What if few amount of blood comes after an Intramuscular Injection?Does it indicate that the procedure was wrong?
I just performed an Intramuscular Injection and after taking the syringe out of the patients muscle it had a little bleeding for few seconds and it made me confused.
It is very common that after an intramuscular injection a few drops of blood may be present when the needle is removed. If you witness this slight bleeding after such an injection it does not mean that you performed the skill incorrectly. However, it should be noted that if a very large amount of blood is noted after removing the needle, you may have pierced a blood vessel with the needle or your patient could have a coagulopathy. Proper technique with IM injections includes aspirating back on the syringe before pushing the medication. If you aspirate back and blood fills the syringe do not continue to push the medication because the distal end of the needle is in a blood vessel. Hopefully, you have an excellent clinical preceptor that will explain these procedures well.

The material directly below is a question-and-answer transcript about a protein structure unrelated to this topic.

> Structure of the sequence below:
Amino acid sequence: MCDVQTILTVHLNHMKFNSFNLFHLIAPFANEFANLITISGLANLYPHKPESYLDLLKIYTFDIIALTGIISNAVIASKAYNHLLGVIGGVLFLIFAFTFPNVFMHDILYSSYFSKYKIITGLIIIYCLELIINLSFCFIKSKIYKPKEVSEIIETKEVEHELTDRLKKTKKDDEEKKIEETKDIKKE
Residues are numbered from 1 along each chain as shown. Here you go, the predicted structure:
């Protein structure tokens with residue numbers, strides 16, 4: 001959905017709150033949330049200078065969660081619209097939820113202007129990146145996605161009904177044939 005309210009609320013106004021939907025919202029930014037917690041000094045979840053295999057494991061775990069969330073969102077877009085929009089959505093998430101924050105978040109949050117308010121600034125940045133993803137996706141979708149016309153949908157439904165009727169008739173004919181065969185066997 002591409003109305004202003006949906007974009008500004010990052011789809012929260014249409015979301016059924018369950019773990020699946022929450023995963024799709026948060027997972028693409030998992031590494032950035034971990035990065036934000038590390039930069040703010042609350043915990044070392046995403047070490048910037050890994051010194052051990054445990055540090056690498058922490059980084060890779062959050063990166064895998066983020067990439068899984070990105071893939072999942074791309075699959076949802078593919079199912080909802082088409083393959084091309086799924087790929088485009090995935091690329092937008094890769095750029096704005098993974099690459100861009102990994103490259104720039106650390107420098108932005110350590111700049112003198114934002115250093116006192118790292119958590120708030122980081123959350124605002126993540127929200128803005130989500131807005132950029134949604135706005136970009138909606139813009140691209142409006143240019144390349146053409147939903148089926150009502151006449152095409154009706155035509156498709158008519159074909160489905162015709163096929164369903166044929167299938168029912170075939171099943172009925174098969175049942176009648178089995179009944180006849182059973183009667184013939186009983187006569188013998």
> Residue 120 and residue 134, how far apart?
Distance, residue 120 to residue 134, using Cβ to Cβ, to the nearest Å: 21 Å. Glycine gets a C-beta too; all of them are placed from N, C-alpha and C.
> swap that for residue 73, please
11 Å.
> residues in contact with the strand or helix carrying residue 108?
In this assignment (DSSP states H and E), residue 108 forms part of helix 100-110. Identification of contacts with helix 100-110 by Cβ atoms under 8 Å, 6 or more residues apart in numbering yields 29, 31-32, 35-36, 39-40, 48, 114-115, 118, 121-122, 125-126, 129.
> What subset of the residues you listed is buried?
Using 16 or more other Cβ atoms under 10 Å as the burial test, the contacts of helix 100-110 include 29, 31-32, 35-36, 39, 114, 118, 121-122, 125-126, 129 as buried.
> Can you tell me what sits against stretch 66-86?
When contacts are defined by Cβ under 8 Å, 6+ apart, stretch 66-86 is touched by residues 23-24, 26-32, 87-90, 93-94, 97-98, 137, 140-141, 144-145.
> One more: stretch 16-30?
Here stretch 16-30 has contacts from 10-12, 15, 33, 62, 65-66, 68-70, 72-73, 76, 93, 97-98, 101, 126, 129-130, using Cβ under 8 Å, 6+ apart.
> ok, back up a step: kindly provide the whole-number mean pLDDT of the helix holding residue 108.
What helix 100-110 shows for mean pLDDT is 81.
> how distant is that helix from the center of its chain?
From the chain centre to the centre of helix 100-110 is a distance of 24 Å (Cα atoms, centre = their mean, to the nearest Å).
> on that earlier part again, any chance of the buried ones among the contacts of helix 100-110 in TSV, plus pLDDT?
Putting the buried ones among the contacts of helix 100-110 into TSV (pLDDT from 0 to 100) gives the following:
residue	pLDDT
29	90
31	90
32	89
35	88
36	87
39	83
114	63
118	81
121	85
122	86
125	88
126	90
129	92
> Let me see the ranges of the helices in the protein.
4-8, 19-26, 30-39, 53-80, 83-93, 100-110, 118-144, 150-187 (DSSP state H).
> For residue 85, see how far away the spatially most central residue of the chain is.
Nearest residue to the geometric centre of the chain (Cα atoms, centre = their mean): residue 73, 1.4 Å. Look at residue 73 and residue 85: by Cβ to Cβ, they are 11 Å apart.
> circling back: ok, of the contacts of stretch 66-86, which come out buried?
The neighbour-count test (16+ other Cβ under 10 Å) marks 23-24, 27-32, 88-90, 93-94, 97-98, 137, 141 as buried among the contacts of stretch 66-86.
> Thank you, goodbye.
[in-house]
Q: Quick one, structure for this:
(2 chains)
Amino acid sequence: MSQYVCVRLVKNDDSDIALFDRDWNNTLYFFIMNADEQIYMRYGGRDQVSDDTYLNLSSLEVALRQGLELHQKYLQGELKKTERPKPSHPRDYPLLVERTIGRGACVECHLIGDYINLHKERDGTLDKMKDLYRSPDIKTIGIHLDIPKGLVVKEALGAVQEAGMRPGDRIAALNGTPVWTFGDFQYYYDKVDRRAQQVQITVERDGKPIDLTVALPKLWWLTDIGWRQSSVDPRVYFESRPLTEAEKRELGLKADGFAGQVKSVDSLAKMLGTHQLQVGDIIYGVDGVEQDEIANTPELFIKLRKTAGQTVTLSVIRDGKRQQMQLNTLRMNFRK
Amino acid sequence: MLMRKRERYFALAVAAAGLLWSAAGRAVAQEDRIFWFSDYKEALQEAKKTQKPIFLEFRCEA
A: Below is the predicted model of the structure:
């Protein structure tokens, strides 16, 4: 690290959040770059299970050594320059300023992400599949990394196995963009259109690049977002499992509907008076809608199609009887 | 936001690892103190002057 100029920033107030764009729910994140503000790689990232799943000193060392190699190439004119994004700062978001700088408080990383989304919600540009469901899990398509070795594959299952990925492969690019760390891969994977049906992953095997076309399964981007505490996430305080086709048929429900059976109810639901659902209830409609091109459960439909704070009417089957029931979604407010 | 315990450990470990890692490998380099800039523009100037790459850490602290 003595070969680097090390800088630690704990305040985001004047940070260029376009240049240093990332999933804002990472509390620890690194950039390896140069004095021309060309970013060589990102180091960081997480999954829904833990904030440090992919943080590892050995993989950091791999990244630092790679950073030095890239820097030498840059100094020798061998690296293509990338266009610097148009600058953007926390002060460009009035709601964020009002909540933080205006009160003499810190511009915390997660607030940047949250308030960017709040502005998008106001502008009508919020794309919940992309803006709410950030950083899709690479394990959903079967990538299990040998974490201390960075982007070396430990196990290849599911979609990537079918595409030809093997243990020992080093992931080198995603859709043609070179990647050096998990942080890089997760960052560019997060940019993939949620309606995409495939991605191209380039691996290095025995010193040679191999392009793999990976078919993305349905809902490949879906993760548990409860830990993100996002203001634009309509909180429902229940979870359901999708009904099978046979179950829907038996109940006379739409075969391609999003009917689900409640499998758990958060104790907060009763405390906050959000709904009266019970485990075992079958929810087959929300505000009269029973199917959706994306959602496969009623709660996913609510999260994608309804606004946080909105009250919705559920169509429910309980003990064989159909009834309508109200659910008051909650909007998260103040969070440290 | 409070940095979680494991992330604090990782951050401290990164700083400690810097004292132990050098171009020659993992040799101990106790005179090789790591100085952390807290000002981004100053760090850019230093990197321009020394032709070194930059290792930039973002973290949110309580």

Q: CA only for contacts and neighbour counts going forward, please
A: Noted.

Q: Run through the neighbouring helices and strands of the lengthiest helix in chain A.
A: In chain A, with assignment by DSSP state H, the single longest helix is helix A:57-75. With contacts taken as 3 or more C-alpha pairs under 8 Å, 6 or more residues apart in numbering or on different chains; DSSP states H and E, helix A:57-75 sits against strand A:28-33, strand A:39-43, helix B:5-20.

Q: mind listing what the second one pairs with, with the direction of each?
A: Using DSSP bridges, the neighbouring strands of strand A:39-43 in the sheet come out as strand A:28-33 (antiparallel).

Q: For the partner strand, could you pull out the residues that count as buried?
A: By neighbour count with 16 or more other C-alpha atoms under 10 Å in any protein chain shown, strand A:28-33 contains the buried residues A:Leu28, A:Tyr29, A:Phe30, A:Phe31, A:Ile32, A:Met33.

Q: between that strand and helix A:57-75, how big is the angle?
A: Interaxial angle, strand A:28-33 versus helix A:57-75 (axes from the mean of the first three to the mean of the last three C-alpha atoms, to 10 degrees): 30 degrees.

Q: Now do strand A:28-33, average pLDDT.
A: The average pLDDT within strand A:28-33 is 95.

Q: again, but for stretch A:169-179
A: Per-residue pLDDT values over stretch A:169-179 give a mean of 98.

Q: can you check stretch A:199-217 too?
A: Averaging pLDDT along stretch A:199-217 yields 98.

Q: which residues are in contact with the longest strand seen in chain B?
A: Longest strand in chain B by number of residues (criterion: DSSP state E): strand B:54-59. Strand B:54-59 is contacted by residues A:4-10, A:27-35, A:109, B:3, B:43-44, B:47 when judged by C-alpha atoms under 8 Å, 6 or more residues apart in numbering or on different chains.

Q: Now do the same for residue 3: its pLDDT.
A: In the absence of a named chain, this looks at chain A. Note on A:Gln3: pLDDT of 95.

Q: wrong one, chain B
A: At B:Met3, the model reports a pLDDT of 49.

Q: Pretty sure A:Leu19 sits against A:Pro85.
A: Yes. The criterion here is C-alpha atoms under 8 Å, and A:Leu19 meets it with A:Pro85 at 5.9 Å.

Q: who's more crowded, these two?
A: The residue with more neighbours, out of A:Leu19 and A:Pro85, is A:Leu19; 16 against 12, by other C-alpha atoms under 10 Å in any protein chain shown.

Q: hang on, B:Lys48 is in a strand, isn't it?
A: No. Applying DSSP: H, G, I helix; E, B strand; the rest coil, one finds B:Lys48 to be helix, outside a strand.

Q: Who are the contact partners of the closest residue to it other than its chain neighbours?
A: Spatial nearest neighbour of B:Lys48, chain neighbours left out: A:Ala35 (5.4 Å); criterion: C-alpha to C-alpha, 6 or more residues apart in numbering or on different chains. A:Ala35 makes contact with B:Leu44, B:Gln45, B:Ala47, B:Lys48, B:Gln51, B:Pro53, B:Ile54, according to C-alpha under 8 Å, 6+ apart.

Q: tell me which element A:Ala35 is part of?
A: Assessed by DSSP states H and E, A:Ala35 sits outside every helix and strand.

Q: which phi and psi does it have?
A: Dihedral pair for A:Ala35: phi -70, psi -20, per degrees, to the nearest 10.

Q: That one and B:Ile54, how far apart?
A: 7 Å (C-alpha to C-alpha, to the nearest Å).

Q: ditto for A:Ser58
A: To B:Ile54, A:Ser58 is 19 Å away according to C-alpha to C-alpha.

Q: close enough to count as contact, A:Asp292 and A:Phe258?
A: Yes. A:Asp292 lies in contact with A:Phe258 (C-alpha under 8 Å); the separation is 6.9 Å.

Not a problem. Although we don't want any bleeding, the reality is that when you puncture the skin, you are puncturing the blood vessels. Some people bleed very little, and others, especially if they are on blood thinners, bleed copious amounts of blood. It sounds like you did fine. Make sure you put pressure on the site after removing the needle.
Bleeding at the IM injection site is not uncommon and it does not represent a medical malpractice.
When blood returns after an IM injection it is possible that a blood vessel to be punctured but, since the IM injection site is not placed near the large blood vessels, the drops of blood returned after retiring the needle does not represent a risk.
The problem occurs in the following situation: if the needle is still in and the blood returns in syringe when the aspiration process is performed, then is better to remove the syringe before the medication is administered. This procedure is effective since each medication has its own time of absorption, hence, IM or IV route of administering makes the important difference. For example, the medication administered via IV injection is absorbed much more slower than the medication administered via IM injection.